allowed by the court in favor of the clerk. The question is fully considered by the Certiorari of the Sixth Circuit in an opinion by Judge Lurton, afterwards Mr. Justice Lurton, of this Court. The many cases cited in which appeals from decrees for costs had been denied were distinguished as involving a question, not of positive law, but of discretion. We think the distinction made in that case a sound one, and that, as the question is here presented, the appeal is a proper one.
The question is whether premiums for bonds, paid by a party litigant to preserve his rights and save him from loss under the orders of court pending the litigation, can be taxed as costs against the defeated party. There has been considerable difference of opinion among the district courts and the circuit courts of appeals on this subject. This Court has never considered it. The South Portland, 95 F.2d 5; Jacobsen v. Lewis Klondike Expedition Co., 112 F. 73; Edison v. American Mutoscope Co., 117 F.1d 2; The John D. Dailey, 158 F.6d 2; The Bencliff, 158 F.3d 7; The Hurstedale, 171 F.6d 7; The Volund, 181 F.6d 3; Jones v. Edward B. Smith Co., 183 F.9d 0; The Europe, 190 F.4d 5, 481, are cases in which, either by rule of court or through usage, such costs have been taxed in admiralty cases or equity causes. In Lee Injector Mfg. Co. v. Penberthy Injector Co., 109 F.9d 4; The Governor Ames, 187 F. 40, 48; The Texas, 226 F.8d 7, 905; Parkerson v. Borst, 256 F.8d 7; In re Hoyt, 119 F.9d 7, and in The Willowdene, 97 F.5d 9, it is held that, where the disbursement is not made as the result of any rule of practice, and there is no statute, rule, or usage by which it is made a part of the taxable costs of the case, it cannot be allowed. In chanroblesvirtualawlibrary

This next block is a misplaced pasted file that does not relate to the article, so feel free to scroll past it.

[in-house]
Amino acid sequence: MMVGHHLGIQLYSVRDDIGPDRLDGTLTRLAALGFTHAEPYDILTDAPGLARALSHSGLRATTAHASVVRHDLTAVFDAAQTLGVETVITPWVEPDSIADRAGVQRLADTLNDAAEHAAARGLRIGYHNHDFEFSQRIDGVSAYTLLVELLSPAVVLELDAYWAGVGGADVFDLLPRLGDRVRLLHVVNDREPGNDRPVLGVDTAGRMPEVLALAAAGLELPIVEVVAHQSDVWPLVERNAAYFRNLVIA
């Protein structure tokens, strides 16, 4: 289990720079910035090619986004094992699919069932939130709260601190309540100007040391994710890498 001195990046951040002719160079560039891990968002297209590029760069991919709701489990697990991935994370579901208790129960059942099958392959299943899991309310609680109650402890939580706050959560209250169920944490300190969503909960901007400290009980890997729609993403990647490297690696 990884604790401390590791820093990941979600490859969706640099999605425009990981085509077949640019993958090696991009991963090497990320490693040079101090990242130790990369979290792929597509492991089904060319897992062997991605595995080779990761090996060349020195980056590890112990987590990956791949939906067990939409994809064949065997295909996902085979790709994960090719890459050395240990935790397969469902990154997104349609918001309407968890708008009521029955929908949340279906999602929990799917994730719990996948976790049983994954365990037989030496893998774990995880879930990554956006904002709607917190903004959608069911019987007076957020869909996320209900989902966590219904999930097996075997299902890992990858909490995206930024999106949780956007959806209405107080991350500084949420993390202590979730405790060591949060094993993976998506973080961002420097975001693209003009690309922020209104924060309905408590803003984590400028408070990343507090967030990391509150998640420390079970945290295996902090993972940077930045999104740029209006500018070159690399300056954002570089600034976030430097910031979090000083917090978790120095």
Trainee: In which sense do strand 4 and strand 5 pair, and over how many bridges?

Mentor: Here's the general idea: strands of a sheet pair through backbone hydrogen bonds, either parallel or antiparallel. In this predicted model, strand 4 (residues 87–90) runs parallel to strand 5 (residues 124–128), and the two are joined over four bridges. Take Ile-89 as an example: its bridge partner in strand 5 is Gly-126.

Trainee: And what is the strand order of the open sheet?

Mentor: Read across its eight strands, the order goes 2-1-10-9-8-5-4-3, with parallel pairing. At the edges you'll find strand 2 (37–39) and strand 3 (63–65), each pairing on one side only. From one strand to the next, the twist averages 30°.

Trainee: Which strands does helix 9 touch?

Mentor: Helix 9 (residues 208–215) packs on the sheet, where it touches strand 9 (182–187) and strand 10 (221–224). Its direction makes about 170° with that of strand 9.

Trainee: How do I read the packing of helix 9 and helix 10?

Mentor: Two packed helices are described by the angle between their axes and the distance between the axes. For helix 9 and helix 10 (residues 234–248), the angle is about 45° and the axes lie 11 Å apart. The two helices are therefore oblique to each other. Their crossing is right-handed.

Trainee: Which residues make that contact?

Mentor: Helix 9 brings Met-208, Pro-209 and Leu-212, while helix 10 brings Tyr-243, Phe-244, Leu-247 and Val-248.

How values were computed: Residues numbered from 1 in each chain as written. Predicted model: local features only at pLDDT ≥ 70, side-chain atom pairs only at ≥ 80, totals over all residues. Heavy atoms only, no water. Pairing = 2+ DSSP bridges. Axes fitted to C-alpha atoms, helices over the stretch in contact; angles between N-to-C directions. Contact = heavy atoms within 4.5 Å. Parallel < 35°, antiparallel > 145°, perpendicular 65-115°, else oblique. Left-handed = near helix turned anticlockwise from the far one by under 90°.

The Texas, supra, the Circuit Court of Appeals of the Third Circuit, after expressing its approval of the view that a rule of court or a practice equivalent thereto is necessary to justify the taxation of such costs, said:
"But we may also say that we think such a rule or practice has become so desirable that we feel confident the court below will take an early opportunity to conform its procedure in this respect to the custom prevailing in other districts."